This statement is correct. In industrial radiography, high penetrative gamma emitters such as Cobalt-60 are used of. Being able to penetrate through metal and everything else it is a dangerous source to humans. However, it is exactly valued for this penetrative power that it is used in this industry and so special precautions are needed. Cobalt-60 has a long half life would cause damage to your body if exposed but it is this half life that makes the metal sheet fabrication easy to monitor and modify. It can continually help the operator scan the sheets before having to be measured and cut up. In all applications of radioisotopes like medicine and the industrial field, there is always a threat and danger posed against the people. Radioisotopes are valued for their properties, being able to see through material and kill cancer. But this power is dangerous and could kill us if exposed too long so caution is needed when handling these. Radioisotopes are useful resources to help monitor safety, treat cancer and ring smoke alarms but its usefulness is also a danger for its users
f) Construct a table outlining how the common radioactive isotopes are used in medicine.
Name of Element Main Uses
Calcium-47 Use to study and diagnose diseases of the cells, bones and other calcium metabolic diseases
Caesium-137 Diagnosis of cancer in radiography
Cobalt-60 Killing of cancer cells and sterilizing medical equipment due to its highly penetrative gamma rays.
Technetium-99m Detection of abnormities in the blood, heart and various other organs
Imaging of organs and glands
Pinpoint cancer growths; location and sizes
Iodine-123 Treatment and Diagnosis for thyroid diseases and other thyroid disorders
Xenon-133
Study of the blood circulation especially in the brain
Ventilation for the lungs and other pulmonary processes

Strontium-85 Close study of the bone functions, structure and formation
General metabolism functions

g) Discuss how the dangers and problems associated with using radioisotopes in medicine compares with using them in industry.
The use of radioactive isotopes is always going to be a threat to life no matter where the application is. In medical uses, patients are constantly being beamed by radiation would be likely to have some tissues damaged by it. However, in terms of medical usage, it is relatively safer compared to industrial applications. Here, a lot of workers and other operators may be exposed to a lot of radiation in their work places. Radiation is hazardous and would cause cancer and other tissue problems if exposed too much. Because in medical uses, the amount of radiation is always monitored and checked, it is safer in comparison to work where radiation leaks may be unknown.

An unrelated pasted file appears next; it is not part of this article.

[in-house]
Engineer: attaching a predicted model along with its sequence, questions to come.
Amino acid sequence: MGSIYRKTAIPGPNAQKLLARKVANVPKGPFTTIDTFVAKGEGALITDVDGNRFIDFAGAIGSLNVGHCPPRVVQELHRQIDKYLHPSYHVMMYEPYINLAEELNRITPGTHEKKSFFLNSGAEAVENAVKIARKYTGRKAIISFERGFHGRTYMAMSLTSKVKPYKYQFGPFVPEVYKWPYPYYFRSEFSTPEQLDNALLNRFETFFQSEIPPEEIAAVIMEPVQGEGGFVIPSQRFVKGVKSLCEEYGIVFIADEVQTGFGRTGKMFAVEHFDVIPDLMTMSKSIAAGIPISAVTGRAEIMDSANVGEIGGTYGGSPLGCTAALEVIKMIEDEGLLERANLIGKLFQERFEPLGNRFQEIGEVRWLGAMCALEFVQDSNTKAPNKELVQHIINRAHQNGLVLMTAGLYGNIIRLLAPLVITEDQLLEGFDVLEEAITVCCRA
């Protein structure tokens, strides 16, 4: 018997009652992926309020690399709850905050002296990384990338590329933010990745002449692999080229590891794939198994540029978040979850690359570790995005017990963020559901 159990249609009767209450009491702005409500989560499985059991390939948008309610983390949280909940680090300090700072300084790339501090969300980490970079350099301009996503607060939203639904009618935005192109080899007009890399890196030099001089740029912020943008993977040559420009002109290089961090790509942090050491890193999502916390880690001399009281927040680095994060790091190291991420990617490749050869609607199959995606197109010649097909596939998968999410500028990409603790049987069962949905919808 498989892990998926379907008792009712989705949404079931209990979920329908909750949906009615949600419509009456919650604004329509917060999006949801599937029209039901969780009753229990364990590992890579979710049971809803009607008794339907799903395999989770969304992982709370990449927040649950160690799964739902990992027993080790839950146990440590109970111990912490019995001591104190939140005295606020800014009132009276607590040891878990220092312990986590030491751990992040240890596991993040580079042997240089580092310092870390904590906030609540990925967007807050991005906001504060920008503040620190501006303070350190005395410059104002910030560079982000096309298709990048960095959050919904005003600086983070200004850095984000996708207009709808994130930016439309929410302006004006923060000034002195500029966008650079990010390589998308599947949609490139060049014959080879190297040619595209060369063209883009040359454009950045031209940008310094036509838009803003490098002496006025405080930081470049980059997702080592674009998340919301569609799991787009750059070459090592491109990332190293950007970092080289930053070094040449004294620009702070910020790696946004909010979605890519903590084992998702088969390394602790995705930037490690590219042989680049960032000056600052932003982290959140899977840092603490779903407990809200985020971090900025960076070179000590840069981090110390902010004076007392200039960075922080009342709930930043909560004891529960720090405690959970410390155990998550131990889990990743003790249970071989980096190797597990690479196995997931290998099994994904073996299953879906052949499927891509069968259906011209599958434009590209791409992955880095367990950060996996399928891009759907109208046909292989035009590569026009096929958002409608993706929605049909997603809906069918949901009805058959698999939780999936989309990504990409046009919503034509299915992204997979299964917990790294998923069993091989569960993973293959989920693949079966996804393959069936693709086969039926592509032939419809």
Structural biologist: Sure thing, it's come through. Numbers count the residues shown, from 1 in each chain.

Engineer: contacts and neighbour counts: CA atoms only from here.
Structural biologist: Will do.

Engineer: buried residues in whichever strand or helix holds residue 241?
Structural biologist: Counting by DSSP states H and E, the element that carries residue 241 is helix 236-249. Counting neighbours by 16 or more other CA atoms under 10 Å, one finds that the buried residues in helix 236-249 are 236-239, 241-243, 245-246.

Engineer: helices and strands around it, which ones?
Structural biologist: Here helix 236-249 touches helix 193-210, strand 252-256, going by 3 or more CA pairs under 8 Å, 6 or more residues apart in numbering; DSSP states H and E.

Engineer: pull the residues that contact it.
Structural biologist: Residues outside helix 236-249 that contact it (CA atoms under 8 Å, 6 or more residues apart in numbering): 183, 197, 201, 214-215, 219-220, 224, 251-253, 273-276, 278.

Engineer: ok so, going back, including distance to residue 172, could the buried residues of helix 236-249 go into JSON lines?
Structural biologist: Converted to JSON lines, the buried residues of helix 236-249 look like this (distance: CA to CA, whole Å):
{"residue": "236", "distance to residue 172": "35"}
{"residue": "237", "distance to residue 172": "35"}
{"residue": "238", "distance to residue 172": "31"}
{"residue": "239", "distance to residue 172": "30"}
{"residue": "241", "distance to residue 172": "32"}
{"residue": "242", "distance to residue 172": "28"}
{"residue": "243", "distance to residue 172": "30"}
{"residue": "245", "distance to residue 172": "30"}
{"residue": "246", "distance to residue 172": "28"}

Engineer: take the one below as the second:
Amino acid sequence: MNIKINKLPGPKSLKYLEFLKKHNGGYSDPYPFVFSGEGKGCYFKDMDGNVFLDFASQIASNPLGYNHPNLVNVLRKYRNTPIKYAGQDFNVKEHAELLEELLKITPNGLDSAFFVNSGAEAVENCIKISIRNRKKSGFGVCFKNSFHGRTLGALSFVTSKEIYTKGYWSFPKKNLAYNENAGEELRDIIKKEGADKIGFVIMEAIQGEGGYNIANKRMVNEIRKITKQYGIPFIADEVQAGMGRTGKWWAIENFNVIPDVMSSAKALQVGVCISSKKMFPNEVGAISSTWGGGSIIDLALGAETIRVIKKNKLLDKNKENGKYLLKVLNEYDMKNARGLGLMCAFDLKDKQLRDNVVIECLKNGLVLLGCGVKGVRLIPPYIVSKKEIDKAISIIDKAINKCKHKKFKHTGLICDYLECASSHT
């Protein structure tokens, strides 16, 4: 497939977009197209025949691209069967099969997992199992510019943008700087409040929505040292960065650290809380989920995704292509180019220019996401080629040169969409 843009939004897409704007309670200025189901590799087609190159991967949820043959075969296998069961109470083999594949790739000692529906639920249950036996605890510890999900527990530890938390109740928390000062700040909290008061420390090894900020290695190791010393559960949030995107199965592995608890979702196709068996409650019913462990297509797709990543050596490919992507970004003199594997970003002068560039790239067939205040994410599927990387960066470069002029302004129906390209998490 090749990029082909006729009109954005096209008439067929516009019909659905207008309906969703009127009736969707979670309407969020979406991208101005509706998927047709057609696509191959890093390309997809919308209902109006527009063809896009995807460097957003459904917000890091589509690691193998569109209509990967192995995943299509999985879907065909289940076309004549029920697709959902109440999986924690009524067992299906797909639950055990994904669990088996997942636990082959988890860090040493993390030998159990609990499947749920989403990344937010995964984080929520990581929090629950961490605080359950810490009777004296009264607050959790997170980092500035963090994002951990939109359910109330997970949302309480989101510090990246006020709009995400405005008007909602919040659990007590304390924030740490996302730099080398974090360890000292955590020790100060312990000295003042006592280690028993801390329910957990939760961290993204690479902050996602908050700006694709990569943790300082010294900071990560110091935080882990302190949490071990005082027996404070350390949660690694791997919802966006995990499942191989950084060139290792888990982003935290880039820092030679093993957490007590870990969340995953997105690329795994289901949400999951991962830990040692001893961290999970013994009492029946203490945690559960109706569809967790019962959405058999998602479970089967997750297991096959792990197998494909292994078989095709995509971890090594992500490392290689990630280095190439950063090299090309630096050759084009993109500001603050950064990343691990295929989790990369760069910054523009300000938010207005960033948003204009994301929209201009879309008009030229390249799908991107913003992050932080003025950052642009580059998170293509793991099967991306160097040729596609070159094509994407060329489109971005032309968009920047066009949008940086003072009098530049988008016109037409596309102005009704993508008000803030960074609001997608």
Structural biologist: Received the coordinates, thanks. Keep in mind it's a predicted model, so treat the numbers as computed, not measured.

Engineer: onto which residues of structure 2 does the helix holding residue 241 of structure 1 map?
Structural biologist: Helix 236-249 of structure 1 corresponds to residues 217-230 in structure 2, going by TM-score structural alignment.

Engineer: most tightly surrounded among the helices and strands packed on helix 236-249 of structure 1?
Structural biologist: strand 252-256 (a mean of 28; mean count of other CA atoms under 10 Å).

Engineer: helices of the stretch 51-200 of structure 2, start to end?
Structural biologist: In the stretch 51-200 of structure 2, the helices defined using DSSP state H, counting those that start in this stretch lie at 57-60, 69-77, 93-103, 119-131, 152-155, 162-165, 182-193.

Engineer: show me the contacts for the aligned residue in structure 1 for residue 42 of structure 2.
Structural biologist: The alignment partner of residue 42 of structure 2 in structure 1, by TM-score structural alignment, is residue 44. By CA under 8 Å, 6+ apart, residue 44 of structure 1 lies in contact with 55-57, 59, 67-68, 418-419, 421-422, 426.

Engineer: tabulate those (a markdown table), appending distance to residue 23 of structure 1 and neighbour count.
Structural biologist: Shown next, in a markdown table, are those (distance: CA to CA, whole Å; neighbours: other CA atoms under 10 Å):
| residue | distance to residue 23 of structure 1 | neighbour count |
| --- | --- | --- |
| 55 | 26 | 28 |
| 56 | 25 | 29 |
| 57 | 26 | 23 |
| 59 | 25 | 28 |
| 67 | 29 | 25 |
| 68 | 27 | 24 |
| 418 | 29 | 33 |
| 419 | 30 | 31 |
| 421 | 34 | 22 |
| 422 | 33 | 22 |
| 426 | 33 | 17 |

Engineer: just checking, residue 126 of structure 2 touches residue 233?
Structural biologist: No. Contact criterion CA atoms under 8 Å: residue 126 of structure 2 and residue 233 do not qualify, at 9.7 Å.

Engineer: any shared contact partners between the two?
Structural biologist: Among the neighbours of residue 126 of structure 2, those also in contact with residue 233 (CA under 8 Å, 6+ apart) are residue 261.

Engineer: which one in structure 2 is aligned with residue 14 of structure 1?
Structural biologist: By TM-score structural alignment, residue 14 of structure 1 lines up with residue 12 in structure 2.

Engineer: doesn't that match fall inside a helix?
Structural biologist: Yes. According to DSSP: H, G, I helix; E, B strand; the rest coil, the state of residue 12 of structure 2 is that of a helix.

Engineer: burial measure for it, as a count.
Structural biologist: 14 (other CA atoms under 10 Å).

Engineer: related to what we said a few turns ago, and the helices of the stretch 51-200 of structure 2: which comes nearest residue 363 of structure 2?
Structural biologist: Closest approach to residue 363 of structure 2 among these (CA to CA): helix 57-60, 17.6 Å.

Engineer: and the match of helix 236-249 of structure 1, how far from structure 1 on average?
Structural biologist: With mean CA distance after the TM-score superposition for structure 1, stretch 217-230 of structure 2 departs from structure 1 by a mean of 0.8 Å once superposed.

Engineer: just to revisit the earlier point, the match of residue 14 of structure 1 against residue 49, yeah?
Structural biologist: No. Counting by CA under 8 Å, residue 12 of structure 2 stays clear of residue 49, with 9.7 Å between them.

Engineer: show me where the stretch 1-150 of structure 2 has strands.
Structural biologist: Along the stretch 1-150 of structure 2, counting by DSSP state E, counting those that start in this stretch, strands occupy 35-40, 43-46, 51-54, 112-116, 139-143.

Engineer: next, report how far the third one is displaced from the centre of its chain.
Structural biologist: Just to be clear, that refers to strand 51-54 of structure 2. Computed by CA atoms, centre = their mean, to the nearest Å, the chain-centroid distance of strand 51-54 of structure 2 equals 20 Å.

Bibliography
Question 1 – Biopolymer: http://edis.ifas.ufl.edu/AE210 Question 2 – Ethanol from Sugar Cane:
1. http://www.sundyne.com/ind/details/1,,CLI1_DIV92_ETI8070,00.html
2. Surfing Chemistry HSC – 15 Manufacture of ethanol – page 23

Question 3 – Ethanol Fuel:
1. http://hsc.csu.edu.au/chemistry/core/identification/chem923/chem923net.html#sylla14
2. http://en.wikipedia.org/wiki/Ethanol#Prospective_technologies
3. http://www.abc.net.au/catalyst/stories/s1763365.htm
4. http://www.environment.gov.au/atmosphere/fuelquality/publications/ethanol-limit/background.html
5. Surfing Chemistry HSC – 16 Ethanol as a Fuel - page 25 (teacher handout)
6. 2 Unit Chemistry HSC Course 2005/06– Production of Materials (Module 9.2) Work booklet notes and questions (another teacher’s handout) pages 23, 5.31-5.33pp
7. Longman Sciences Chemistry Contexts 2 – Chapter 3 Ethanol – page 47
8. Conquering Chemistry HSC Course – Chapter 1.17 – Page 30 - Ethanol as a Fuel
9. http://en.wikipedia.org/wiki/1973_oil_crisis
10. http://www.eia.doe.gov/emeu/cabs/Brazil/Oil.html

Question 4 – Batteries: http://en.wikipedia.org/wiki/Dry_cell http://www.corrosion-doctors.org/PrimBatt/images/01zncL.jpg - image http://www.physchem.co.za/Redox/Cells.htm Question 5 - Discovery of Elements
1. http://en.wikipedia.org/wiki/Discovery_of_the_chemical_elements
2. http://hyperphysics.phy-astr.gsu.edu/hbase/magnetic/cyclot.html
3. http://en.wikipedia.org/wiki/Cyclotron
4. Longman Sciences Chemistry Contexts 2 – Chapter 5.4 production of radioisotopes – page 107
5. http://www2.slac.stanford.edu/VVC/accelerators/circular.html

Question 6 - Radioisotopes:
1. 2 Unit Chemistry HSC Course 2005/06– Production of Materials (Module 9.2) Work booklet notes and questions (another teacher’s handout) pages 5.62-5.63 - Radiation Detection
2. Surfing Chemistry HSC – 24 Uses of Radioisotopes page 39 (teacher handout)
3. http://hsc.csu.edu.au/chemistry/core/identification/chem925/925net.html#net8
4. http://en.wikipedia.org/wiki/Technetium-99m
5. http://193.71.11.91/public/medical/nuclear5.shtml
6. Longman Sciences Chemistry Contexts 2 – Chapter 5.5 - Uses of Radioisotopes – page 114
7. http://www.epa.gov/radiation/radionuclides/cobalt.htm#properties
8. http://en.wikipedia.org/wiki/Cobalt-60
9. Jacaranda Physics 2 HSC Course - From Quanta to Quarks - Chapter 25.5 Medical and Industrial Applications of Radioisotopes - page 498-499

Question 7 – Issues with Radioisotopes:
1. http://en.wikipedia.org/wiki/Radiography
2. Jacaranda Physics 2 HSC Course - From Quanta to Quarks - Chapter 25.5 Medical and Industrial Applications of Radioisotopes - page 498-499